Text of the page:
Looking Forward to 2019: A New Year, A New Start
The New Year is a time for new ideas and chasing big dreams. It’s the perfect time to plant the seeds that will help you grow into the best version of yourself that you can be. What better way to start a new year than by creating goals that help us become healthier and reduce our risk of breast cancer?
Sticking to your resolutions may be tough at times, but there’s every incentive to keep working hard at achieving them. Your health and well-being are important, allowing you to live life to the fullest!
We’ve listed a few of our resolutions for 2019. Join us in making this New Year full of love, health and happiness!
Eat Clean and Lean
Studies show that eating a healthy, balanced diet can reduce the risk of cancer, and for survivors, lower the risk of recurrence. Eating right is the key to an overall healthy life! Additionally, being overweight or obese can increase one’s risk of breast cancer and can negatively impact survival.
- Eat at least 2 ½ cups of fruits and vegetables every day.
- Choose 100 percent whole grain foods such as 100 percent whole grain breads and cereals, brown rice, millet and quinoa.
- Limit red meat and processed meat. Choose chicken, fish or beans more often.
- Limit “bad” fats (saturated and trans fats). These are found in foods such as red meat, fatty deli meats, poultry skin, full fat dairy, fried foods, margarine, donuts and microwave popcorn.
- Eat “good” fats (polyunsaturated and monounsaturated fats). These are found in foods such as olive and canola oil, nuts and natural nut butters, avocado and olives.
- Limit alcohol intake to less than 1 drink a day for women and fewer than 2 drinks a day for men.
- Don’t forget about water! Mayo Clinic recommends 9 to 13 glasses of water per day, depending on several factors including weight, sex and age.
Eating healthy doesn’t need to taste bland and boring! Check out our Whole Foods blog featuring some seriously delicious and nutritious recipes!
Women who get regular exercise have a lower risk of breast cancer than women who are not active; in fact, studies have shown regular exercise appears to lower breast cancer risk by 10–20%. Only 2–2.5 hours are needed a week to decrease cancer risk. Grab your Fitbit, go for a walk around the neighborhood, take a spin class, swim in the ocean! There are so many ways to enjoy exercise and make an impact on your health.
On top of all of these physical benefits, exercise is a natural mood-booster! For breast cancer survivors, the benefits of exercise positively impact their quality of life, from improvements in mood, movement, sexuality and body image to a decrease in depression and fatigue.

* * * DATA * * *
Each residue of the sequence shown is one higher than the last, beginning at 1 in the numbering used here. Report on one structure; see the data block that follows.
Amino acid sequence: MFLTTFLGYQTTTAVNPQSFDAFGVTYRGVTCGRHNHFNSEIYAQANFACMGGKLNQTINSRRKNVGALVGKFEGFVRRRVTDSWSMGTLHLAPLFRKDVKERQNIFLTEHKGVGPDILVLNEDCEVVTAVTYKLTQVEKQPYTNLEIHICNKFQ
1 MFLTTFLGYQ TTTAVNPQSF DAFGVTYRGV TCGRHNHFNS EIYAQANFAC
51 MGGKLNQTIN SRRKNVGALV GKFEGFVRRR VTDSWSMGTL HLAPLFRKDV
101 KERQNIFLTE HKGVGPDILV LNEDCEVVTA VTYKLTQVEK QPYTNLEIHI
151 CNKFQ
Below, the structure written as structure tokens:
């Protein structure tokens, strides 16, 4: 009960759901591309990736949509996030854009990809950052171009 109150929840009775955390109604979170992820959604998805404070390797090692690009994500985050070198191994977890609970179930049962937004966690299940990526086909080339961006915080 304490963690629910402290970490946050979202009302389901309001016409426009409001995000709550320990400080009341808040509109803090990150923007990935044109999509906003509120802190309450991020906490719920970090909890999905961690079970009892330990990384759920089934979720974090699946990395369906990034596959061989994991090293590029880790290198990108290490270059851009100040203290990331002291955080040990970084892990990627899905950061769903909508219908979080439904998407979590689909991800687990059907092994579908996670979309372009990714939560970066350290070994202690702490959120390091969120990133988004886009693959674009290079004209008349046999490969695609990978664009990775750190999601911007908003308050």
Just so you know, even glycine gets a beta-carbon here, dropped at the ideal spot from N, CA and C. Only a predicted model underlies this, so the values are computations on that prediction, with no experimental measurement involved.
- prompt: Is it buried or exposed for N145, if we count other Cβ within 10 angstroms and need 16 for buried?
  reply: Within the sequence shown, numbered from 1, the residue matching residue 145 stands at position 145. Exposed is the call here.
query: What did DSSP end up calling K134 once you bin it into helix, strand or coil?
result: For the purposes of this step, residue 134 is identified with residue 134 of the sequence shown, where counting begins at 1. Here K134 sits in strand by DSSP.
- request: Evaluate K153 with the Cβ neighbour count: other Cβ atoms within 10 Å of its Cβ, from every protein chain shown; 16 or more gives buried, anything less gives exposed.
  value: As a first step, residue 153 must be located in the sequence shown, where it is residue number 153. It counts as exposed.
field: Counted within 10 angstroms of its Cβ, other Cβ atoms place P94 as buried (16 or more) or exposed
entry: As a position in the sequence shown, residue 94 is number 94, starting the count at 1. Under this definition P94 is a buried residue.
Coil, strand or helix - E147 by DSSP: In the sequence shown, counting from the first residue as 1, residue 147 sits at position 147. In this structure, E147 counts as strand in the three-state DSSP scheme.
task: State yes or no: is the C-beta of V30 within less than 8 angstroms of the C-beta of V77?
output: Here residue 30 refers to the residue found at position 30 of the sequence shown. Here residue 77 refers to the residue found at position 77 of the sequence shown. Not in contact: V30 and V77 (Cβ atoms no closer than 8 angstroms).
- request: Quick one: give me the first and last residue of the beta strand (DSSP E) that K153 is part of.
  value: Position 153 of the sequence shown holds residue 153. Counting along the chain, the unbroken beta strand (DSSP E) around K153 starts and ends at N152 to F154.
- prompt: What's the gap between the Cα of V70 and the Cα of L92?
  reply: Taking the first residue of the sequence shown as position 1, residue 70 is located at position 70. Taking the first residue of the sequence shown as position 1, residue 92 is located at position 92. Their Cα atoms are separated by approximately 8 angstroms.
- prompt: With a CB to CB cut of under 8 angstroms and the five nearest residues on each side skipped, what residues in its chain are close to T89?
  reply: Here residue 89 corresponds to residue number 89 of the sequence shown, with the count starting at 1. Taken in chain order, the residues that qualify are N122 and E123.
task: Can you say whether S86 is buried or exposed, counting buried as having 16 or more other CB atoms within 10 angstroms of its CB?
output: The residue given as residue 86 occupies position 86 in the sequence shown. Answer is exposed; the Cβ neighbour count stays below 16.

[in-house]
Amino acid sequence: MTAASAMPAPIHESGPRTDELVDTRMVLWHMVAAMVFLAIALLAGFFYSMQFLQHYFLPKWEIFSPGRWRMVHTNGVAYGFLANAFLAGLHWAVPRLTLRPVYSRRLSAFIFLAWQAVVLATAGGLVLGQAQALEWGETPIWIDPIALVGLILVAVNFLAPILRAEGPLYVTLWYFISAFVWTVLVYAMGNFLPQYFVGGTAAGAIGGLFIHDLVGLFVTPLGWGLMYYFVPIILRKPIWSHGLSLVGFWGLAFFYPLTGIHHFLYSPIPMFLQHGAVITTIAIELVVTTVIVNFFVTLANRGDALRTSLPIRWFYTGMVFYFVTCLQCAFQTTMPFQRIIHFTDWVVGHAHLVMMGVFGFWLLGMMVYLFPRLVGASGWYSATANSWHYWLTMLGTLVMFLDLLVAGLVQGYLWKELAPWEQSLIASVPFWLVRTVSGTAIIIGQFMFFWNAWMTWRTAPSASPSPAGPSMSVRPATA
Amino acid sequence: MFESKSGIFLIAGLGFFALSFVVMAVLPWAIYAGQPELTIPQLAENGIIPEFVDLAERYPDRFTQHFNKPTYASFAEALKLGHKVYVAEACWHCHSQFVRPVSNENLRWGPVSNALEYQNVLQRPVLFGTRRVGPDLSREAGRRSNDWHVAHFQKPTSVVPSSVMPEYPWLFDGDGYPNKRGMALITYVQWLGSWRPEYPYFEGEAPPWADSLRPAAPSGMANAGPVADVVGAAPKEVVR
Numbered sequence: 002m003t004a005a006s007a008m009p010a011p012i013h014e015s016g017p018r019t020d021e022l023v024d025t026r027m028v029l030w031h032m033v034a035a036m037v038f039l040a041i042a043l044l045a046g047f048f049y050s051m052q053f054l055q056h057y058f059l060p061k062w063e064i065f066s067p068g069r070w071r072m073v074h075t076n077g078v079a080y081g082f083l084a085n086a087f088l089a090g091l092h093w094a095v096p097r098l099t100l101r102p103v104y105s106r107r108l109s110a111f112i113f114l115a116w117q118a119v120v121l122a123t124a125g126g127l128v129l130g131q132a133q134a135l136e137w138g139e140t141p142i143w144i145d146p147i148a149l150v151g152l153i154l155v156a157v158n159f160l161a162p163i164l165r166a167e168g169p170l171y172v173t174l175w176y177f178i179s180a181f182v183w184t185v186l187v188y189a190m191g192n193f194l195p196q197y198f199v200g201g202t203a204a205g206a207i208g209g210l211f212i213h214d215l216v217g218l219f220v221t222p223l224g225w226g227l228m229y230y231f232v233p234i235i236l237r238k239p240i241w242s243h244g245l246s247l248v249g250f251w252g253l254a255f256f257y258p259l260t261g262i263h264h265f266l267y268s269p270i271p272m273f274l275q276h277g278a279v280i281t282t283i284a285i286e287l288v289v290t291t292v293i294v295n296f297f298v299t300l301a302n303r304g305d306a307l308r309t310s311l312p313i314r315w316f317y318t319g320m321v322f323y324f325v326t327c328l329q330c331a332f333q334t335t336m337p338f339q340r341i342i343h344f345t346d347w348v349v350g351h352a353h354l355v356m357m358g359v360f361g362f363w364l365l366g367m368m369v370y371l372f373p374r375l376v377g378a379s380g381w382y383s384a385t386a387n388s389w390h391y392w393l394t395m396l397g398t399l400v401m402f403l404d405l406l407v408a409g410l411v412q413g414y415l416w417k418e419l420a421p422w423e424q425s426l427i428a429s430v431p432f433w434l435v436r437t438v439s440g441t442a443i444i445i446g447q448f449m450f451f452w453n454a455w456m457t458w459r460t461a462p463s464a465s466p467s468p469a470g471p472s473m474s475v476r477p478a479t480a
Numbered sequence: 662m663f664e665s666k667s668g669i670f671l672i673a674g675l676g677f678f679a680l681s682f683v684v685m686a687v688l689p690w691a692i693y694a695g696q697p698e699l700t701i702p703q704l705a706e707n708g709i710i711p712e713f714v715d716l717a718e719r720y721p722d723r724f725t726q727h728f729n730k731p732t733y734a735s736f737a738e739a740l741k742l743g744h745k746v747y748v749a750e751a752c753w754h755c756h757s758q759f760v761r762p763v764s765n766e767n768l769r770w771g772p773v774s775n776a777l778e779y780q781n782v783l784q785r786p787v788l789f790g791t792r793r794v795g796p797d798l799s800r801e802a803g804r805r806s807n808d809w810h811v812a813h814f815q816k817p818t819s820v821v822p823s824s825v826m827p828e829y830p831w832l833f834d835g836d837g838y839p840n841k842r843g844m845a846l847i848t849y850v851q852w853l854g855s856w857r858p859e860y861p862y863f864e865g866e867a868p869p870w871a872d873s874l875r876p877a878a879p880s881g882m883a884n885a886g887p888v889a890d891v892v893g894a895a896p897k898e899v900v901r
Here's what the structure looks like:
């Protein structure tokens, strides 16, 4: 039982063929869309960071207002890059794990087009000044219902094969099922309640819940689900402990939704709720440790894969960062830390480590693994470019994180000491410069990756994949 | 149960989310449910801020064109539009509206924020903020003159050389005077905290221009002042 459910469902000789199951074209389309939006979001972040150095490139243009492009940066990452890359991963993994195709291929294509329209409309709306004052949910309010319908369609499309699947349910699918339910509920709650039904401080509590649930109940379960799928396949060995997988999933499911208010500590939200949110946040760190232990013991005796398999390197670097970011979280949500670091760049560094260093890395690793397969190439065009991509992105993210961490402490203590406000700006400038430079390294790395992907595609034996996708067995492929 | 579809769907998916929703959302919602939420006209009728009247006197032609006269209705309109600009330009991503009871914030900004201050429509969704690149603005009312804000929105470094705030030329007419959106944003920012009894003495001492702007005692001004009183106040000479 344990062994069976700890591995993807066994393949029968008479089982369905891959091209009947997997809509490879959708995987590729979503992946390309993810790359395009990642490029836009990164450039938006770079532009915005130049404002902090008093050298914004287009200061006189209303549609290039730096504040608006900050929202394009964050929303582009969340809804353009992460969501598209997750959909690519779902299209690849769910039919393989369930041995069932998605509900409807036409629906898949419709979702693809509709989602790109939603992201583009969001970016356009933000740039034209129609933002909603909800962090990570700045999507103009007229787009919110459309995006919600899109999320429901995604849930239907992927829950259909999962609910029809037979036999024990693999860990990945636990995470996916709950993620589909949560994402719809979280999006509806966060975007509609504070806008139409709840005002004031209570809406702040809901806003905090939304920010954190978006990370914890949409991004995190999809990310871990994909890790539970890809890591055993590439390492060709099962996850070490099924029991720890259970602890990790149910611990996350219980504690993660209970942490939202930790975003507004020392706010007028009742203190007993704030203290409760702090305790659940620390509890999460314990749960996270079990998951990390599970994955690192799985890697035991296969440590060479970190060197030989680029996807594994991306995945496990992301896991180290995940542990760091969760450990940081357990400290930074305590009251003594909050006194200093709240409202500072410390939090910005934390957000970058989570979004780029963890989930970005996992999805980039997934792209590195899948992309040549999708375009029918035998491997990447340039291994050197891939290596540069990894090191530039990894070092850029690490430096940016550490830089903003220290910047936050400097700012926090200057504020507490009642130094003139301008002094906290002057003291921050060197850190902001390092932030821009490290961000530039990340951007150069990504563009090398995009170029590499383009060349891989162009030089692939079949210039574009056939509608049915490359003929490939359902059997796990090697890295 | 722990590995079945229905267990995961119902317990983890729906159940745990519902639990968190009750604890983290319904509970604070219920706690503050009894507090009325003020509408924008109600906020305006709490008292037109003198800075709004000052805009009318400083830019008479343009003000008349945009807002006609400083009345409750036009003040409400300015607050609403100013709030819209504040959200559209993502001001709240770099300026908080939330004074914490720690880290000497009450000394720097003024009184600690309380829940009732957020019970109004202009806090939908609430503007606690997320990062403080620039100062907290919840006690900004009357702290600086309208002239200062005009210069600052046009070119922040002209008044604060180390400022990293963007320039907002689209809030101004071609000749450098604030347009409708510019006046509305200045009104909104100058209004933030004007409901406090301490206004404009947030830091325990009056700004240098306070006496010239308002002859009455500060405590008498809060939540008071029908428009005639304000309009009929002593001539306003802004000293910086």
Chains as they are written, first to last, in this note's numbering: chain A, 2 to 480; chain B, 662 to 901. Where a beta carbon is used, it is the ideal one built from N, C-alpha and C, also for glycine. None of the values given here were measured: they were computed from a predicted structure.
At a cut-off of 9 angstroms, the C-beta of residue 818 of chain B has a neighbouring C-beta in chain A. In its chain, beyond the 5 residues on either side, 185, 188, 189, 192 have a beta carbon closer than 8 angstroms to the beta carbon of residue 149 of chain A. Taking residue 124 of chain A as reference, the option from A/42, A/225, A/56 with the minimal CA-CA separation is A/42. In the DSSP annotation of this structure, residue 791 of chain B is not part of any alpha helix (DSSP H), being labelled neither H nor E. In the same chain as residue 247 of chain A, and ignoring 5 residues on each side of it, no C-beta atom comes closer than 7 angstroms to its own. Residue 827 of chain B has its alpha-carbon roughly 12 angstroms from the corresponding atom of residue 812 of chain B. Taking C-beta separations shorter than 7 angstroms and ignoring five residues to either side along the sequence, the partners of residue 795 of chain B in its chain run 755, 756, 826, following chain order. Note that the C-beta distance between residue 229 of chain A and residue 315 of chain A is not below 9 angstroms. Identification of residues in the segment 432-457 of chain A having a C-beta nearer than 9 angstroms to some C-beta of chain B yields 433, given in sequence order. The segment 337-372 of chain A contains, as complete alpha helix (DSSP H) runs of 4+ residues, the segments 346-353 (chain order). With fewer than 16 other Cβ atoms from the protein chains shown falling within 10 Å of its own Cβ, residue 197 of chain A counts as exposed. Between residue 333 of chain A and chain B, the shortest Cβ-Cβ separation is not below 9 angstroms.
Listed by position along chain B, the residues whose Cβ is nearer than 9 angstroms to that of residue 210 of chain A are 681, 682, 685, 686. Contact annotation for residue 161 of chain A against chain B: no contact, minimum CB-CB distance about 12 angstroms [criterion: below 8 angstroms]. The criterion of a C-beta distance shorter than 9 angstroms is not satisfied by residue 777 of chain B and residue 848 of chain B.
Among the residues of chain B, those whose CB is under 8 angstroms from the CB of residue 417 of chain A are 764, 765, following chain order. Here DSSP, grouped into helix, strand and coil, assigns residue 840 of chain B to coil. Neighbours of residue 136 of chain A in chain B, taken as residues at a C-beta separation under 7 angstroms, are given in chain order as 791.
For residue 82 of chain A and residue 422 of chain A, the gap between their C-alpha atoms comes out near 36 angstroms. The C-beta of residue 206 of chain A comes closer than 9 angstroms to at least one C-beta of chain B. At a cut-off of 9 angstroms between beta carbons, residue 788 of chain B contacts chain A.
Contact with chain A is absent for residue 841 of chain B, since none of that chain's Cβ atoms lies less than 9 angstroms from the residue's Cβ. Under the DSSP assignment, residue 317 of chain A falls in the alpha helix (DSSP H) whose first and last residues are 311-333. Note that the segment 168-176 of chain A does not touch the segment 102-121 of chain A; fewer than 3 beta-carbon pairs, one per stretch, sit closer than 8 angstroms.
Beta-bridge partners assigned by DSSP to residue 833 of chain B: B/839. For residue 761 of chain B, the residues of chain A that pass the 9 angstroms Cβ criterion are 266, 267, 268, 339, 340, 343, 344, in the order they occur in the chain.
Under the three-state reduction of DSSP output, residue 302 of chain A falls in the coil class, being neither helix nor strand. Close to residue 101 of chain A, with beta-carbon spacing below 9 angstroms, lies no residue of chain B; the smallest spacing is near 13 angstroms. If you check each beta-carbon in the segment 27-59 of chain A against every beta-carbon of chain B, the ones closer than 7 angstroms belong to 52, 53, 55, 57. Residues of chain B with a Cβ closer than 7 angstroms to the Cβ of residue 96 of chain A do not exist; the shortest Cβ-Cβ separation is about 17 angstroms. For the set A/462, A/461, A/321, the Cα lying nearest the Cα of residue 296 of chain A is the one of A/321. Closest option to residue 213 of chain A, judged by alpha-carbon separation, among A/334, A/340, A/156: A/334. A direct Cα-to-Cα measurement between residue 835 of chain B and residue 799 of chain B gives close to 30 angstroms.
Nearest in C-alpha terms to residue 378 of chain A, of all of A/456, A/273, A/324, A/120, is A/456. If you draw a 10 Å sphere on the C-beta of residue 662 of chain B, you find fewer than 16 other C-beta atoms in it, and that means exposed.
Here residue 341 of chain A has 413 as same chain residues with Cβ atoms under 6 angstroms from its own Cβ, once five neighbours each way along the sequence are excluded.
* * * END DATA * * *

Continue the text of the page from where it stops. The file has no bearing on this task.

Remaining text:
Don’t forget to warm up and cool down! Stretching prepares the body for a great workout, prevents injuries and keeps the muscles flexible, strong and healthy. THE MAX Challenge shared important stretching tips and tricks with Komen CSNJ blog readers — click here to read!
Breathe In, Breathe Out
Stress is a part of our daily lives — but for many, it can be mentally and physically draining each day. There are many ways to reduce and manage stress to live a happier life.
- Sweat It Out. Take out your stress by doing the physical activity you love. Grab your favorite sneakers, set your workout playlist and get moving!
- Breathe It Out. Mindfulness meditation uses breathing methods and may include guided imagery as well as other relaxation and stress reduction techniques.
- Talk It Out. Pick up the phone and call family and friends who support you. Sometimes a good chat can lift your spirits!
- Seek Professional Help. For some, speaking with a therapist is necessary to manage stress. Do not be afraid of getting the help you need!
Yoga is a fantastic tool for de-stressing. Learn more about the benefits of yoga — and how to get involved with Komen and Manduka Yoga’s project:OM movement.
Make the Appointment
Mammography uses X-rays to create images of the breast. These images are called mammograms.
It’s essential that you speak with your doctor about when getting a mammogram is right for you. Depending on your family history and risk, you may need a mammogram earlier than you think.
Don’t know where to start in speaking with your doctor about mammograms? Click here to download a useful guide to bring to your appointment.
Do you forget to make your mammogram or clinical breast exam appointment each year? Take charge of your health and sign up to receive a mammogram and/or clinical breast exam reminder.
Here at Komen CSNJ, we are dedicated to ending breast cancer forever, and we are here for those that need guidance, support and help. Visit our website at komencsnj.org for more information.